Analysis

[Link] Flowers for Zoisite: How Sailor Moon’s iconic queer villains raised the bar

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CONTENT WARNING: Discussions of homophobia and transphobia. SPOILERS for Sailor Moon Season One and romances in Please Save My Earth.

Sailor Moon turned twenty-five last year and, despite a few rough edges, it’s aged remarkably well. The series has garnered deserved accolades for its strong female friendships, memorable visuals, and forward-looking representation.

But while the romance between Sailors Uranus and Neptune has rightfully earned praise and fierce nostalgia, the show’s other explicitly queer relationship gets surprisingly little notice. And that’s a shame, because while on the surface Zoisite and Kunzite are just another in a long line of villainous gay characters, they were remarkably progressive compared to both their contemporaries and what had come before.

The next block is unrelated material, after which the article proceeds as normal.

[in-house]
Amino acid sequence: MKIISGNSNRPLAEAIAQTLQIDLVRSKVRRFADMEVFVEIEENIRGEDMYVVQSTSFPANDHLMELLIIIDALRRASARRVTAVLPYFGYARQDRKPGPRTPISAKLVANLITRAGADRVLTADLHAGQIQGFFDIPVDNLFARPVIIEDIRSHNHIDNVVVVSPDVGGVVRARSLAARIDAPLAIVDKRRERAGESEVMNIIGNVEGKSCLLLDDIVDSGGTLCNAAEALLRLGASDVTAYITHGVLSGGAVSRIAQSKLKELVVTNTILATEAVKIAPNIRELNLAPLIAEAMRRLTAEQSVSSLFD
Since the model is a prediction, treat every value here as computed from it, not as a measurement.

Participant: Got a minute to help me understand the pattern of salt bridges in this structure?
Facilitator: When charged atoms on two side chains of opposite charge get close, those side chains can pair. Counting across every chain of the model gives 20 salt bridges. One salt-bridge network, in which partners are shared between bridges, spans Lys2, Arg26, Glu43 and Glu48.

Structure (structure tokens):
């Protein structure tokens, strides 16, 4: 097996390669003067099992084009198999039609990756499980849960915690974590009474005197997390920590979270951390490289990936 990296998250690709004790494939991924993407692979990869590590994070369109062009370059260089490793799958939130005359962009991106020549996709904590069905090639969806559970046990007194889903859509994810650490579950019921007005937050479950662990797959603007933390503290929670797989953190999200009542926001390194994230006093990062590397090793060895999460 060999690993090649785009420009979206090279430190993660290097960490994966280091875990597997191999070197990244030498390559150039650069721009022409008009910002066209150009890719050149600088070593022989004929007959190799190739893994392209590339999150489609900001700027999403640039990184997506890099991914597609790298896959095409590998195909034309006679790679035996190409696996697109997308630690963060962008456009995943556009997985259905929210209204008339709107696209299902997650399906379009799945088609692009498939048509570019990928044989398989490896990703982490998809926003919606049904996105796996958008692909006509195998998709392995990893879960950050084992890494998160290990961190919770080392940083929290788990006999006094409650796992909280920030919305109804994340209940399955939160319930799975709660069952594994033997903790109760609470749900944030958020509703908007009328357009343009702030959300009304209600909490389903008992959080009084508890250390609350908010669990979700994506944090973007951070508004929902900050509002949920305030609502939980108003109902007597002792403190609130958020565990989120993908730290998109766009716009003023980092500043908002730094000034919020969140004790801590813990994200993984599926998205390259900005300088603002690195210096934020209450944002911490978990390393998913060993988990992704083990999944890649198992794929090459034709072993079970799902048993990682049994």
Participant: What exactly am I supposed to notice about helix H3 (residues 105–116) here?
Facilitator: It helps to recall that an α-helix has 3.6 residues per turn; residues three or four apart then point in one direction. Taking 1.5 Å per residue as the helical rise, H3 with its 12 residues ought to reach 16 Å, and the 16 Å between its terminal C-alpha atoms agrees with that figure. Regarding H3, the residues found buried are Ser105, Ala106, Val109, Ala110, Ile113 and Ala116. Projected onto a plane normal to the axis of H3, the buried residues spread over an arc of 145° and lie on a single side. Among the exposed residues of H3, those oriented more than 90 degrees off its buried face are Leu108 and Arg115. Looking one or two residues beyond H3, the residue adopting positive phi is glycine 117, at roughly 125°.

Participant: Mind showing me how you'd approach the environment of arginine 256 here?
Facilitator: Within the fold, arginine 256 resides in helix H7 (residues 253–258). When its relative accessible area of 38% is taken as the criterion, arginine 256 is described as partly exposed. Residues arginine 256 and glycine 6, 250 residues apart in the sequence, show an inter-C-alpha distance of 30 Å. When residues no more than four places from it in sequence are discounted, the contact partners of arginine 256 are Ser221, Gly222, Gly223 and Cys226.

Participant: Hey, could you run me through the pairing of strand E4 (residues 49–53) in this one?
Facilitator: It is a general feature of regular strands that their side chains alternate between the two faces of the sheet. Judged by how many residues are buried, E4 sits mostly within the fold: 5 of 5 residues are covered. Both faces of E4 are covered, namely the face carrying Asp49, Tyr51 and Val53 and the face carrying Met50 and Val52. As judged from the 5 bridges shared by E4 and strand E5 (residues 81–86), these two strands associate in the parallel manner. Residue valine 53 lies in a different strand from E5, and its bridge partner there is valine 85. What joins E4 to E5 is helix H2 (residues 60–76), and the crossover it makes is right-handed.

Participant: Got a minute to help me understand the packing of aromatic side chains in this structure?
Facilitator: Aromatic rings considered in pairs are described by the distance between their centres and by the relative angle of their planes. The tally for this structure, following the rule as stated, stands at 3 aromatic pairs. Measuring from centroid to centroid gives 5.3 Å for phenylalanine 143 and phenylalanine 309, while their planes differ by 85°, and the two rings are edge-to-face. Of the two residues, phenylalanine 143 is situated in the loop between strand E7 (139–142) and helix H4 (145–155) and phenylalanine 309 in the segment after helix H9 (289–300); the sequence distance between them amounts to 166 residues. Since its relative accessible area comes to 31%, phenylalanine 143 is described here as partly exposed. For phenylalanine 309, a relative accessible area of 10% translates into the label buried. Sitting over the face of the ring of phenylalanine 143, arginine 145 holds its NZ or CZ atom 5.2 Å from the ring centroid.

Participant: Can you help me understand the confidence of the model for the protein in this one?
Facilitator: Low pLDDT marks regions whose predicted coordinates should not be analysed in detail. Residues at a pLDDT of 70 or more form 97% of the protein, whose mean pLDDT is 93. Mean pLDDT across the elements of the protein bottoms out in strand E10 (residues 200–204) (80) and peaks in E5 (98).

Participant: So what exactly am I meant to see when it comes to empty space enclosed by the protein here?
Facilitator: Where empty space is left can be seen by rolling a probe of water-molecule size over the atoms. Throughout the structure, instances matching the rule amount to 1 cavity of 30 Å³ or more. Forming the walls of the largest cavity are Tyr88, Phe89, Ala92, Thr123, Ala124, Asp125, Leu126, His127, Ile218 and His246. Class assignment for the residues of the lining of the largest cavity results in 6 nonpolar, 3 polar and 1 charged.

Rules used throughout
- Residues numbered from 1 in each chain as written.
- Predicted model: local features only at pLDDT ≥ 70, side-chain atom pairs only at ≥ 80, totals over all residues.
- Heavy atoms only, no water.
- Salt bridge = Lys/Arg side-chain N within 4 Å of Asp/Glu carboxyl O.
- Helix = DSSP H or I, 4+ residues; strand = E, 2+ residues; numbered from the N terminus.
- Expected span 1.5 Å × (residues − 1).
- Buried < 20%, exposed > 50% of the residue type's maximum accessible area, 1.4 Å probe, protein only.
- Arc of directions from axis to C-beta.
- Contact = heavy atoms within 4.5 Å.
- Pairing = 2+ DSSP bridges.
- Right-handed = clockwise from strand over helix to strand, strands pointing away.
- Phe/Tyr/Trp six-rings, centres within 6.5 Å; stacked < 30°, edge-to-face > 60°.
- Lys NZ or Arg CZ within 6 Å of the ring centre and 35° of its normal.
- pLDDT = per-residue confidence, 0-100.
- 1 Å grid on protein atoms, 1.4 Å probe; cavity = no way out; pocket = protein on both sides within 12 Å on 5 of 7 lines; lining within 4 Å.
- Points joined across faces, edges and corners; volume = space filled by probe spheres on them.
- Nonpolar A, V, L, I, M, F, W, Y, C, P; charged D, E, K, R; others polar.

The history of queer representation in anime and manga wasn’t doing so well when Sailor Moon premiered. While BL and yuri were beginning to develop as subgenres and showcase sympathetic leads, manga like Kaze to Ki no Uta (1976-1984), Heart of Thomas (1974), and Claudine (1978) were still predominantly tragedies set in the far-off, near-fantasyland of Europe.

Manga like Banana Fish (1985-1994) rode the line by cloaking the gentle love story between its leads in subtext, while the named gay characters were pedophiles and monsters of the worst sort; meanwhile, caper comedy long-runner From Eroica With Love (1976-2012) kept its openly gay lead and his deeply repressed object of affections in a never-to-be-resolved state of “will they, won’t they.”

Read it at Anime Feminist!

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